China Film File: ‘Grandmaster’ Sweep, Crowd-Funded Films, And China’s ‘Need For Speed’

Welcome to China Film File, a weekly brief on the business of movies in China. In this week’s news: The Grandmaster sweeps the Asian Film Awards with a mixture of acclaim and sadness, a landmark second film distribution license is confirmed, and Daniel Fu Dong, the art director of 2014 blockbuster The Monkey King, talks about his four years spent on the film.

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Chinese audiences showed their “need for speed” at the box office this week.

Need For Speed continues in top gear at China’s box offices while the release of thriller Black Coal, Thin Ice finds a lackluster opening week running behind Bong Joon Ho’s Snowpiercer. While the Berlinale award-winning film still pulled in more than Fighting, it’s very likely that a significant cut of box office business was robbed from the film due to a massive negative advertising campaign lodged by Fighting’s producers and director.

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(Box office results courtesy of Ent. Group.)

Wong Kar Wai’s The Grandmaster swept the 8th Asian Film Awards in Macau with seven prizes, including Best Picture. Winning almost every major category, this year’s awards saw Wong nabbing the honor for Best Director, while Zhang Ziyi claimed Best Actress.

A bittersweet victory, director Wong Kar Wai used the opportunity to voice his sadness over the loss of martial arts choreographer Ju Kun, 35, who was unfortunately riding the now-missing Malaysia Airlines flight MH370. Asking for greater transparency regarding the search for the missing airplane, the director was joined by starlet Ziyi who added,

 “Today, I’m very emotional. It’s also because there’s a friend from the crew, we have to bid farewell to him forever. It has taught us to cherish life and those around you. We also need the truth for all the families.”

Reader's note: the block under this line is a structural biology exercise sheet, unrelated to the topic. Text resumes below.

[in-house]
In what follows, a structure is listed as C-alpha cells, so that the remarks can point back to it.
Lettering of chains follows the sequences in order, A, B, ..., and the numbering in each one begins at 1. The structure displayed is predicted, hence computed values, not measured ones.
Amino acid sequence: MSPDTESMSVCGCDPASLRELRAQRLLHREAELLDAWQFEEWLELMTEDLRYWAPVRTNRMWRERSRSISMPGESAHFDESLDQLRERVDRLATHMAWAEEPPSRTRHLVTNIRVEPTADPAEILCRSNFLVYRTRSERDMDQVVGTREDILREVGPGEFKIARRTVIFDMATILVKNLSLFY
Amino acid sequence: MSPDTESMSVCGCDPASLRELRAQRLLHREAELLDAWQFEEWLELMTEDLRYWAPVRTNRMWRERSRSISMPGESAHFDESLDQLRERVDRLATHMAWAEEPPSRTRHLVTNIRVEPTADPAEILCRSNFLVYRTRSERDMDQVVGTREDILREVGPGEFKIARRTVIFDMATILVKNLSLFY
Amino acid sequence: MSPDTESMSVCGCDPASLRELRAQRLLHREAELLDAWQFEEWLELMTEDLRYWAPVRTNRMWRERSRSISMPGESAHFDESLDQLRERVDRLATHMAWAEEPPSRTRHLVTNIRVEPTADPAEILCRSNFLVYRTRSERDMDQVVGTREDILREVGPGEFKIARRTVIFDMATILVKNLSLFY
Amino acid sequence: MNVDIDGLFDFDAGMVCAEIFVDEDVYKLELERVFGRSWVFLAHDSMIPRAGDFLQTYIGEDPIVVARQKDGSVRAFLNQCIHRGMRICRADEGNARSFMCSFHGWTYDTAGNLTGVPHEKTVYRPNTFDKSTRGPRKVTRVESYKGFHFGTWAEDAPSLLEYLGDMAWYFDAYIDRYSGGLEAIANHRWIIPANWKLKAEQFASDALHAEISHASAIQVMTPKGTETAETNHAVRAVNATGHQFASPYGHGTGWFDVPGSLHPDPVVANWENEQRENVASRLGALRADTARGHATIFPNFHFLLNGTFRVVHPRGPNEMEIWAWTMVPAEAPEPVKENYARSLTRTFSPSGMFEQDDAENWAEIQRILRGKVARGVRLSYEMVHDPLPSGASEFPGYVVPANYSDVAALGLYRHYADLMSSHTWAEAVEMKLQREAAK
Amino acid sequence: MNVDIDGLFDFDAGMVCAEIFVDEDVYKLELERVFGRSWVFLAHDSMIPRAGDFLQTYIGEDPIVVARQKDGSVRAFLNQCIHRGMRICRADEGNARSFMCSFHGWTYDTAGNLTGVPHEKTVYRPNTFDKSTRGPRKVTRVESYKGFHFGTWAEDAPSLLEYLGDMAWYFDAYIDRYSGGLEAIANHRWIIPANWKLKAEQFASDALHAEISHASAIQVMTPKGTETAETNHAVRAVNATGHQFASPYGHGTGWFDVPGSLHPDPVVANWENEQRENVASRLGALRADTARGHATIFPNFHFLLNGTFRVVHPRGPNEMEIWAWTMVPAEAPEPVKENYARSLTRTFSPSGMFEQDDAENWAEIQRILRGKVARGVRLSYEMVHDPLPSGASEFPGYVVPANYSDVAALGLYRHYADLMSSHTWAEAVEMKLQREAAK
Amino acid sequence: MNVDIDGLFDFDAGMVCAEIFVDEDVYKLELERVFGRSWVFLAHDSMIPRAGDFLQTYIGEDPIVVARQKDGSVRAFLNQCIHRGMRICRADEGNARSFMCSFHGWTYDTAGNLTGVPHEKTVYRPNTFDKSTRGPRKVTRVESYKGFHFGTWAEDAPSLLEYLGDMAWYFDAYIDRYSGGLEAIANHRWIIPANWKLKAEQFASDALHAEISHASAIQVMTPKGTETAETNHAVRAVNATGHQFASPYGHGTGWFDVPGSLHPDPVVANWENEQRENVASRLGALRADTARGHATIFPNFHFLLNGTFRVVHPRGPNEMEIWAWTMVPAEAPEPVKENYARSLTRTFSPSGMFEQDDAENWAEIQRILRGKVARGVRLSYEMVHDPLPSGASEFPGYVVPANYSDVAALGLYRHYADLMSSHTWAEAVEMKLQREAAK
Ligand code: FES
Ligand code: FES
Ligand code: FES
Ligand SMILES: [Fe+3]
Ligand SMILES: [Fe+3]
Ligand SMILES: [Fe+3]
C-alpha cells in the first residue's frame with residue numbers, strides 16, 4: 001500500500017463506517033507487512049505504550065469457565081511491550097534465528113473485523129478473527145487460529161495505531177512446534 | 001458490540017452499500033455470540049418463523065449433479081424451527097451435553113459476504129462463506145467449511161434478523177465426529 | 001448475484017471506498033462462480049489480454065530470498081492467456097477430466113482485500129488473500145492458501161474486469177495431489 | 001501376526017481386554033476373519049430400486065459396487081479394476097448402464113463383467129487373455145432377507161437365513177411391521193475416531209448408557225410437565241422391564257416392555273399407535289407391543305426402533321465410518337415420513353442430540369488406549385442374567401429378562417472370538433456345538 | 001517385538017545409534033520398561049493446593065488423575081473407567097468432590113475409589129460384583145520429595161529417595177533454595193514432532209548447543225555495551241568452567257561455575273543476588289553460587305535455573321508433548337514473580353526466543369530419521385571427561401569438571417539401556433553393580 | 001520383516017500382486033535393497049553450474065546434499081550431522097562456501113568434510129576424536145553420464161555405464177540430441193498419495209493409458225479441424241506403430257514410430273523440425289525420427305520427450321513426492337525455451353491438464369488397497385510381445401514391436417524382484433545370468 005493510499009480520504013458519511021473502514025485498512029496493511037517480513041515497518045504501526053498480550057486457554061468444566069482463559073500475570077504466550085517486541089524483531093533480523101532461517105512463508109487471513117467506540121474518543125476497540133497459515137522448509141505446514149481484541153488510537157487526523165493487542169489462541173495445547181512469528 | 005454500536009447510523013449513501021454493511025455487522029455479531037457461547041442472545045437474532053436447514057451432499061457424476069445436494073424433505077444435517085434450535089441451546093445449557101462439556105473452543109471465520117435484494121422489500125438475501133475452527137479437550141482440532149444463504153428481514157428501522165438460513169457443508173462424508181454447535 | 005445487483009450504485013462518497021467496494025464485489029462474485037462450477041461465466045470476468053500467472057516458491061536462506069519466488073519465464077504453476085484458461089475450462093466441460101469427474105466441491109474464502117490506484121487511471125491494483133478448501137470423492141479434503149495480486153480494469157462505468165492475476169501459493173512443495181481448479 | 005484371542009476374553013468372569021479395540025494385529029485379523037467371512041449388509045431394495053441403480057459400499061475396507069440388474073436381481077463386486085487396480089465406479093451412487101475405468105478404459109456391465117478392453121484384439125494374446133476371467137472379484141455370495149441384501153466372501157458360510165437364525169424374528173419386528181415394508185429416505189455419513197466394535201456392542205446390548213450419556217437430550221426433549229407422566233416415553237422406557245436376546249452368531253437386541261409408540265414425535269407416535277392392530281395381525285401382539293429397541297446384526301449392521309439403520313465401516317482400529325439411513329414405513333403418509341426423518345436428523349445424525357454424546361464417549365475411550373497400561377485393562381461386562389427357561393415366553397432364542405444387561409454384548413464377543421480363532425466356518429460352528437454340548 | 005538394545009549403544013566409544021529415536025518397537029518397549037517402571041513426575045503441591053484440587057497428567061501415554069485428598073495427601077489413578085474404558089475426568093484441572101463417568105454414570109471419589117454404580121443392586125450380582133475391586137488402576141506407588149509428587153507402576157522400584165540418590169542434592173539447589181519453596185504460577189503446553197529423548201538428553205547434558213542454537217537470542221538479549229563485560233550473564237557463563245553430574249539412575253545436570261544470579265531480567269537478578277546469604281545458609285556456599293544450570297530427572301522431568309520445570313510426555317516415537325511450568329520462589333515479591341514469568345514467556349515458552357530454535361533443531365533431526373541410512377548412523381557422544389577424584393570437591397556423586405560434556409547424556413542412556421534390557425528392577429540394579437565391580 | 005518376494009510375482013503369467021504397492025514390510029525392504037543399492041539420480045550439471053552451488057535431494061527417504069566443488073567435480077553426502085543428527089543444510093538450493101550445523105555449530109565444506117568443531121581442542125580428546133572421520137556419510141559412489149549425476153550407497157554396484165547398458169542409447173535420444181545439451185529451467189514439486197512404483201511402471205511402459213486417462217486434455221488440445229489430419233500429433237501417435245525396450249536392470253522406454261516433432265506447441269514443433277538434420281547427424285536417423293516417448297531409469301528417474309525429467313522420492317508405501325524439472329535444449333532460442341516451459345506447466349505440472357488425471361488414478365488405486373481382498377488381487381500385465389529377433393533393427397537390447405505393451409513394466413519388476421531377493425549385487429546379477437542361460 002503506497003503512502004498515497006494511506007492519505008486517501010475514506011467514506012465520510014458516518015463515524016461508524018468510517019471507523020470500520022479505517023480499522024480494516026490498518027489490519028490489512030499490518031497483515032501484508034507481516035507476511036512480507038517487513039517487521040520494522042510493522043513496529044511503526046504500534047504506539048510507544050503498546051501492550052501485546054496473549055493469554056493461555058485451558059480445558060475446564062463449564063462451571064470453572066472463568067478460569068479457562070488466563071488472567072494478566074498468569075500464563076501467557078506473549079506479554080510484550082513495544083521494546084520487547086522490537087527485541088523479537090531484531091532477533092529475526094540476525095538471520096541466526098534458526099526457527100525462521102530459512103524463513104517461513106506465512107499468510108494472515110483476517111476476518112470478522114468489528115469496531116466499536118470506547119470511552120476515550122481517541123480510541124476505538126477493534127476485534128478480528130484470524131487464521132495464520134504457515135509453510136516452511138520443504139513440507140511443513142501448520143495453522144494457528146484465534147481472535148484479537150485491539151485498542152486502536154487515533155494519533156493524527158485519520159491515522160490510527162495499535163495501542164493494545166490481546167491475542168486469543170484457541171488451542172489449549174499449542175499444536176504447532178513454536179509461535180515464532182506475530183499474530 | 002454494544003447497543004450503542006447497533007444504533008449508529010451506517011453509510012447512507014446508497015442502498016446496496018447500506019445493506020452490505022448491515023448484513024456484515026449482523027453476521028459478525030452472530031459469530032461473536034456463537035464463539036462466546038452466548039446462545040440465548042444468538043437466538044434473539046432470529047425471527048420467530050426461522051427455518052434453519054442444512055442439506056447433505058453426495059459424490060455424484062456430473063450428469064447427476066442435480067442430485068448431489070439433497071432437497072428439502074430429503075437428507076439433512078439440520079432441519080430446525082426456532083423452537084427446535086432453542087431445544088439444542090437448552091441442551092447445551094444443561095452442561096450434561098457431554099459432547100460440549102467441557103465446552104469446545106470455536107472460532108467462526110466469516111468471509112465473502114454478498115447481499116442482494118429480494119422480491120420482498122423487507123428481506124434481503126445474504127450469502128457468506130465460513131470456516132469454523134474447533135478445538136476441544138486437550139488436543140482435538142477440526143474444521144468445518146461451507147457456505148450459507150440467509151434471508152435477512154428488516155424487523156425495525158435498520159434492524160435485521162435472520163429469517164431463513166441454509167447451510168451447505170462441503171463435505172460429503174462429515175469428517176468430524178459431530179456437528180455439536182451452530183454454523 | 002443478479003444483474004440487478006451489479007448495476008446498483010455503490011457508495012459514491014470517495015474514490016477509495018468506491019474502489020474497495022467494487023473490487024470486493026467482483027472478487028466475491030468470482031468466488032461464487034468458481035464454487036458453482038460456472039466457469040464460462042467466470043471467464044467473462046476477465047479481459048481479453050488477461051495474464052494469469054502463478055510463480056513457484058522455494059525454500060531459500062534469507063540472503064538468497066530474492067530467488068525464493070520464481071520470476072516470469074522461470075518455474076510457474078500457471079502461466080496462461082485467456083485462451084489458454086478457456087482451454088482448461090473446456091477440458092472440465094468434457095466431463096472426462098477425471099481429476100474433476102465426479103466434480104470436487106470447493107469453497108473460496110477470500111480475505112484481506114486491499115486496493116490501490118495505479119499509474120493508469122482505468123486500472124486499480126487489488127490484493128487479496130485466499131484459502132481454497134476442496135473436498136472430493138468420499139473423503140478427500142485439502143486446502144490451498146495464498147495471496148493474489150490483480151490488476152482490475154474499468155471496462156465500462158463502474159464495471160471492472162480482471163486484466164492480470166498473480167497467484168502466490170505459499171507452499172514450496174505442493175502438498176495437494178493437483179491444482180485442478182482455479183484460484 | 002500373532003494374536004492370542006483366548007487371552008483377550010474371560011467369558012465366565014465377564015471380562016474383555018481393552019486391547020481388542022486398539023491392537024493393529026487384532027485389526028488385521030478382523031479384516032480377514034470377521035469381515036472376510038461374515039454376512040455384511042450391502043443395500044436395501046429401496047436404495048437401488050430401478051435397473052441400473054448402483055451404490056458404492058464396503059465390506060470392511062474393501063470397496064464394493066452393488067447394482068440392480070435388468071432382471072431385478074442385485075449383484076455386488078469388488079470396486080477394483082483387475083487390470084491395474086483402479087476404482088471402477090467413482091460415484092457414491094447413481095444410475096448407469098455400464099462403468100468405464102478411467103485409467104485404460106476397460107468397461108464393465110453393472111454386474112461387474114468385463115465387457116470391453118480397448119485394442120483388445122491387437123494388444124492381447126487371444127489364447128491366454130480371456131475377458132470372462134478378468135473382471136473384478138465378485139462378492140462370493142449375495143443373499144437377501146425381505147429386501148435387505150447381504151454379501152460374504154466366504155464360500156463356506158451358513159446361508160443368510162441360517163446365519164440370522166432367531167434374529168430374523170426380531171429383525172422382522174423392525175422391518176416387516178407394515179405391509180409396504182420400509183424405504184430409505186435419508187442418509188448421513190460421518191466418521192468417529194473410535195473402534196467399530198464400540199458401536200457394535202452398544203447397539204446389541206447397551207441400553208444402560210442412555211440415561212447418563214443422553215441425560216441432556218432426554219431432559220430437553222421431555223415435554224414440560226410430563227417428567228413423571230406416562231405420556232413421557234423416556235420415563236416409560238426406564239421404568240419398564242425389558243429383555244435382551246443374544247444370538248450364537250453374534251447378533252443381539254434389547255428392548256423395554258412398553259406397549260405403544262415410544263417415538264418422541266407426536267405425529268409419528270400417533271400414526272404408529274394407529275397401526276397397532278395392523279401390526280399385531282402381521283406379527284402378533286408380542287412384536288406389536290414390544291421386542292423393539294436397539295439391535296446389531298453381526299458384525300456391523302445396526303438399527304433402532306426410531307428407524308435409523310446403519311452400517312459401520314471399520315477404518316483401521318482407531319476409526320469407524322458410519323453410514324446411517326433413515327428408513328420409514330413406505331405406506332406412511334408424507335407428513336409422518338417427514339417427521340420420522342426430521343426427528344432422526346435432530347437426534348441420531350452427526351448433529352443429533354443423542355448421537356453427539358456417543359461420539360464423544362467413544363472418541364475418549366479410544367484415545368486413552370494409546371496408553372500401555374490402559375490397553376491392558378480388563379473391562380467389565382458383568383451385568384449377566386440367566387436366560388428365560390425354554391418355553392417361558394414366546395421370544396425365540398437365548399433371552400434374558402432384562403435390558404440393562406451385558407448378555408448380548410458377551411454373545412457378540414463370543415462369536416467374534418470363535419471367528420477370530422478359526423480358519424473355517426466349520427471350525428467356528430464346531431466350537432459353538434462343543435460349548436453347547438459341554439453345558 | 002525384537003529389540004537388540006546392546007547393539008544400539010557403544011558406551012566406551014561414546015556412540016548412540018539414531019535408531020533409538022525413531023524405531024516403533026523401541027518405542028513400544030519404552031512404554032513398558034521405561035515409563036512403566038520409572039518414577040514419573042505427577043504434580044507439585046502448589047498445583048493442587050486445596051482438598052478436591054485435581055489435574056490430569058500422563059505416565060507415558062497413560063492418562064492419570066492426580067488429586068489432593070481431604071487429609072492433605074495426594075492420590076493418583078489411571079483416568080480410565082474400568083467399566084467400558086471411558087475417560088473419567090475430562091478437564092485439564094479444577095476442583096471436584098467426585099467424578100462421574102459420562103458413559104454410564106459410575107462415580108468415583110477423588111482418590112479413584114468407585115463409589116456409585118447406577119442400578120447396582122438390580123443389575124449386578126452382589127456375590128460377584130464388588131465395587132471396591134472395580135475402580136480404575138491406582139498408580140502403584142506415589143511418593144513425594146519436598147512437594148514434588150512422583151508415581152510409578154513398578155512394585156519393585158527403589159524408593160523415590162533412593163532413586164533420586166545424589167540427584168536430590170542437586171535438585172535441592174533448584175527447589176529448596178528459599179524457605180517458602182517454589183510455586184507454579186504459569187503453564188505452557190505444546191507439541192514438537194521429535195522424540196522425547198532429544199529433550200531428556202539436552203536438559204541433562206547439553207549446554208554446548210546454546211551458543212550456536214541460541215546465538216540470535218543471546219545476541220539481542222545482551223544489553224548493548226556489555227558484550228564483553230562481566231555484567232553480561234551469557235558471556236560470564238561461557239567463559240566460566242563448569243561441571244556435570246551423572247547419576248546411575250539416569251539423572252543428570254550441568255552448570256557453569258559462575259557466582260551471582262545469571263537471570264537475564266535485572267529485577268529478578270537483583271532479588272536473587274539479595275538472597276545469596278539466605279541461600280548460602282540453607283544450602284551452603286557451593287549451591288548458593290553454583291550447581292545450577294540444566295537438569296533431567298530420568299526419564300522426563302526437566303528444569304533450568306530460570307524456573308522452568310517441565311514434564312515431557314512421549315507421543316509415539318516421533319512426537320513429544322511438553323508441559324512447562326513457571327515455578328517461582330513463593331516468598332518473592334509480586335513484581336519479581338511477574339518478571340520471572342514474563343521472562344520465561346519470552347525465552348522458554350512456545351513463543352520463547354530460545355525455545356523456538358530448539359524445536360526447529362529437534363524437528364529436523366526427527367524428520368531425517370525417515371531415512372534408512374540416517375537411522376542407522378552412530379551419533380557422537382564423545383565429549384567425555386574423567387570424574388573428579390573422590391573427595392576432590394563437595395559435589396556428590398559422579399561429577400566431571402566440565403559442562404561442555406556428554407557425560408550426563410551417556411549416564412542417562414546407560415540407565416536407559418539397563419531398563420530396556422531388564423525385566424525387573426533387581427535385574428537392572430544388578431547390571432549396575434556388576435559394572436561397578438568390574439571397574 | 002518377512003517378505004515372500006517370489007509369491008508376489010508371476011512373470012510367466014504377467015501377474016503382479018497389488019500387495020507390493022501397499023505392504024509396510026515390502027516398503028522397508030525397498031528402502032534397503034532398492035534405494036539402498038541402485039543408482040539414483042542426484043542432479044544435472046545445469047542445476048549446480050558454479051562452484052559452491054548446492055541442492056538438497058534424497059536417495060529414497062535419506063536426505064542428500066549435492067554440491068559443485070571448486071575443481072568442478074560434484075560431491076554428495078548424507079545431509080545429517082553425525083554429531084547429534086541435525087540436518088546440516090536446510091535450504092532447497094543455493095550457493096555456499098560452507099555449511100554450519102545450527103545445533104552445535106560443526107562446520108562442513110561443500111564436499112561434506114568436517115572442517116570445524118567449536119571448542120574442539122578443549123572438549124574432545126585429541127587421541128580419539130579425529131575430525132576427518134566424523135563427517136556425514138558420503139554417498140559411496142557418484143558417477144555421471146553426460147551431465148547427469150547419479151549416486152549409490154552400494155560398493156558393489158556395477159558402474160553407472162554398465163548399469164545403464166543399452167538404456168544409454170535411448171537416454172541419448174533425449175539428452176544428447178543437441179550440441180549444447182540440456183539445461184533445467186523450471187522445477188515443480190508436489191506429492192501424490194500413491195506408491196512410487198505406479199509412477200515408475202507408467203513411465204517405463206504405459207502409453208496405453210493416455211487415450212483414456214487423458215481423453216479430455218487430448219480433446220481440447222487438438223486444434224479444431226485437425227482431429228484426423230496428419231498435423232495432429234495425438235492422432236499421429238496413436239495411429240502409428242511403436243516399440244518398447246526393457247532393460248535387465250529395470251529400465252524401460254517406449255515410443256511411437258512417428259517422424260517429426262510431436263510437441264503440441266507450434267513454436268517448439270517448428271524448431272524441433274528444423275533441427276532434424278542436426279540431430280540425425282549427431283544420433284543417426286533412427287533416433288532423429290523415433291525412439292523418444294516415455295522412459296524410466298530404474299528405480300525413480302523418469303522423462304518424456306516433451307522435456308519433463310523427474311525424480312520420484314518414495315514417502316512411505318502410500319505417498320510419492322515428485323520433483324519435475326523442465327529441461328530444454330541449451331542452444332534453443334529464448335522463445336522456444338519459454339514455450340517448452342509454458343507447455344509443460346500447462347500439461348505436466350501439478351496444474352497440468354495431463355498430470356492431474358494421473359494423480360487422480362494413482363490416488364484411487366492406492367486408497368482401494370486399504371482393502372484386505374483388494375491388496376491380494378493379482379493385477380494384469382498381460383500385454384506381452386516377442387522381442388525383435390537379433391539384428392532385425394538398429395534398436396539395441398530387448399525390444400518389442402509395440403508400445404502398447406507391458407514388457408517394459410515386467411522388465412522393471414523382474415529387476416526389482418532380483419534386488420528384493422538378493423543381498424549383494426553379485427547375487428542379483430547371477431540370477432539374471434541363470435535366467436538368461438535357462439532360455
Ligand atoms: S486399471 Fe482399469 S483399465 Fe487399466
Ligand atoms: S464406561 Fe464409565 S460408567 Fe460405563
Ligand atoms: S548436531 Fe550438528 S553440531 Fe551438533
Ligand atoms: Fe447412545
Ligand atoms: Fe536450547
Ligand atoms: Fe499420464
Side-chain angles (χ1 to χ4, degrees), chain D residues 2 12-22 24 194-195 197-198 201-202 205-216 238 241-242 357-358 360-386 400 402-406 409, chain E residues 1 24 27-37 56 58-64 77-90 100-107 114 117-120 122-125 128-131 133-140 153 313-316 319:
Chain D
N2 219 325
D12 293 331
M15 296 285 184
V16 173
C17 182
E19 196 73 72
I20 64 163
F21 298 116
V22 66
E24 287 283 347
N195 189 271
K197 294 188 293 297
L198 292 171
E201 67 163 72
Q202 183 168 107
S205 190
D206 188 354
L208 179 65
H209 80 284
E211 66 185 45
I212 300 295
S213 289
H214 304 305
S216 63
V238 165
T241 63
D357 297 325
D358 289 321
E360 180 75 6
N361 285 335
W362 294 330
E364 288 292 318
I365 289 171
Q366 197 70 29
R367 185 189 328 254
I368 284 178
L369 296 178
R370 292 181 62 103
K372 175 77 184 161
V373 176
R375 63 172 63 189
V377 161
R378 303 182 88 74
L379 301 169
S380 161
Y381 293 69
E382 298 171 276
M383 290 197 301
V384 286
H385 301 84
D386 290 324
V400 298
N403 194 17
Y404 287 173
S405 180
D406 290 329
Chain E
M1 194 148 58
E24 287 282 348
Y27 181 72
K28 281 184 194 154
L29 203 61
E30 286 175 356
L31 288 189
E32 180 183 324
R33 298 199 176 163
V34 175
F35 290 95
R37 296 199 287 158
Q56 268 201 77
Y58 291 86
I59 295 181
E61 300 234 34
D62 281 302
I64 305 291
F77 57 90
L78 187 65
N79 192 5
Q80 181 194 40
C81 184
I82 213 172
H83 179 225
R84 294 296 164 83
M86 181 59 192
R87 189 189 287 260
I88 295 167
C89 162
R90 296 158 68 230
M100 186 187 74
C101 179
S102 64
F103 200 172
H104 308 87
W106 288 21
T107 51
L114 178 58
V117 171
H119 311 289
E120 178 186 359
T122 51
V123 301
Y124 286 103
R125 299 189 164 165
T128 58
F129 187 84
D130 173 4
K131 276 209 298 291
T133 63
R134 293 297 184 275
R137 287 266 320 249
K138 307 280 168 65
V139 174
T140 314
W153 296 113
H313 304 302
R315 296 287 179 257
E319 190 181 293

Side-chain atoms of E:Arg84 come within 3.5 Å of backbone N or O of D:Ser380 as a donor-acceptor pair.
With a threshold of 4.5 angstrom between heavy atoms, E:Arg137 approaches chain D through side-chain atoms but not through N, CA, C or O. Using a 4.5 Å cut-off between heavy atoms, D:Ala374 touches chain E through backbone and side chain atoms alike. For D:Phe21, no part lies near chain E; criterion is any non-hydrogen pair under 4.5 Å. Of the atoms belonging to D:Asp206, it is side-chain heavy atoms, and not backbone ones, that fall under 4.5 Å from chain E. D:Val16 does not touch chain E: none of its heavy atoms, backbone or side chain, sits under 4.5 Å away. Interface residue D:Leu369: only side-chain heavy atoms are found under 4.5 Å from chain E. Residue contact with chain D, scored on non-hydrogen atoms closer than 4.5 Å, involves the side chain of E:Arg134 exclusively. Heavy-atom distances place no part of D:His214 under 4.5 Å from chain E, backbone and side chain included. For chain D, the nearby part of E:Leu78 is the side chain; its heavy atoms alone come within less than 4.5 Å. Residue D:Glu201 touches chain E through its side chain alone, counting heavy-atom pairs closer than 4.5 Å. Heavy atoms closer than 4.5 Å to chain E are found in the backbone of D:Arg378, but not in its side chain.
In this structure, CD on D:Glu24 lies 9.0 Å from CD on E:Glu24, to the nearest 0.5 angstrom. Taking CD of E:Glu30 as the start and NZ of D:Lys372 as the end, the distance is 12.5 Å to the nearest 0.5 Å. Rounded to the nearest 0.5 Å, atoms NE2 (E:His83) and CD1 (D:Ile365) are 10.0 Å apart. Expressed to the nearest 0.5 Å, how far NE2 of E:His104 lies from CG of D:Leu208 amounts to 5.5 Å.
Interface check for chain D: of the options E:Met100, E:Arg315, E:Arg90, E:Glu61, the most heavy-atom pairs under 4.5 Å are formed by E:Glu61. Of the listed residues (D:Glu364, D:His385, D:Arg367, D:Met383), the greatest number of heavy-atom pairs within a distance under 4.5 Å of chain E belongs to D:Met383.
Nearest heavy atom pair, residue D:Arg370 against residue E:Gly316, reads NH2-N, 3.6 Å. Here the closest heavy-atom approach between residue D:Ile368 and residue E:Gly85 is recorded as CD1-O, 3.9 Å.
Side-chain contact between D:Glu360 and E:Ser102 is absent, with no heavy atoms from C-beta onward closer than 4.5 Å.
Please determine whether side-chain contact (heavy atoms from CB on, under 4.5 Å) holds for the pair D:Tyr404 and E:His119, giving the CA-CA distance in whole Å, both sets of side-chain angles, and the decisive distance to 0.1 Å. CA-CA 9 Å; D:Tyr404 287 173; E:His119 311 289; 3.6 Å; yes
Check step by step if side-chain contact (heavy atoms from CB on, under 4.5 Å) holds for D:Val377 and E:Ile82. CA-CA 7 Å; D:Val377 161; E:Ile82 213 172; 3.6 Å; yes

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Director Wong Kar Wai and actress Zhang Ziyi at the AFA. (Kin Cheung, AP)

Here’s a list of some of this year’s top award winners:

Best Newcomer: Jiang Shuying (So Young – China)

Best Supporting Actor: Huang Bo (No Man’s Land – China)

Best Supporting Actress: Yeo Yann Yann (Ilo Ilo – Singapore)

Best Screenwriter: Ritesh Batra (The Lunchbox – India)

Best Cinematographer: Philippe Le Sourd (The Grandmaster – Hong Kong)

Best Production Designer: William Chang Suk-ping, Alfred Yau Wai-ming (The Grandmaster)

Best Composer: Umebayashi Shigeru, Nathaniel Mechaly (The Grandmaster)

Best Editor: Shin Min-kyung (Cold Eyes – South Korea)

Best Visual Effects: Jang Sung-Jin (Mr. Go – Japan)

Best Costume Designer: William Chang Suk-ping (The Grandmaster)

The China National Culture and Art Corporation (CNAC) has become the confirmed recipient of a second license to import and distribute films in the mainland. This is a first for the mainland’s film system, where distribution has up until now been held under a monopoly by the China Film Group (CFG). Exactly what role the CNAC will play to the CFG is still speculation, however. When it comes to a possible increase in the allowable quota of imported films, one source close to the deal has been quoted saying:

“It is not likely to translate into an increase in the quota system immediately. The aim is to put this on a business footing and make it a success. They will probably each have 17 films, but that is unlikely to happen immediately as CNCAC doesn’t have the infrastructure.”

The CNAC will be collaborating with two companies from Hong Kong, i-Marker and China Railsmedia, the latter of which will be joined by previous Columbia Tristar head Chris Lee. Formerly a producer on blockbusters like Valkeryie and Superman Returns, Lee is one to watch, since he will undoubtedly take a key position in coming negotiations of the import of foreign films into China.

Alibaba has launched a kickstarter-like program called Yu Le Bao where individuals may crowd-fund projects and films (sort of). Only Alibaba chooses the films and projects users can invest in, and at the moment, the service is still far away from any sort of independent film or product-funding organization, with only three or four mainstream films to invest in, and mostly serves to return investments on life insurance and wealth-management products.

In addition, don’t forget to check out Jing Daily’s interview with Daniel Fu Dong, the art director behind the biggest Chinese film of 2014, The Monkey King. In the interview, Daniel provides insight into his four years of cumulative work behind the epic international production.

 

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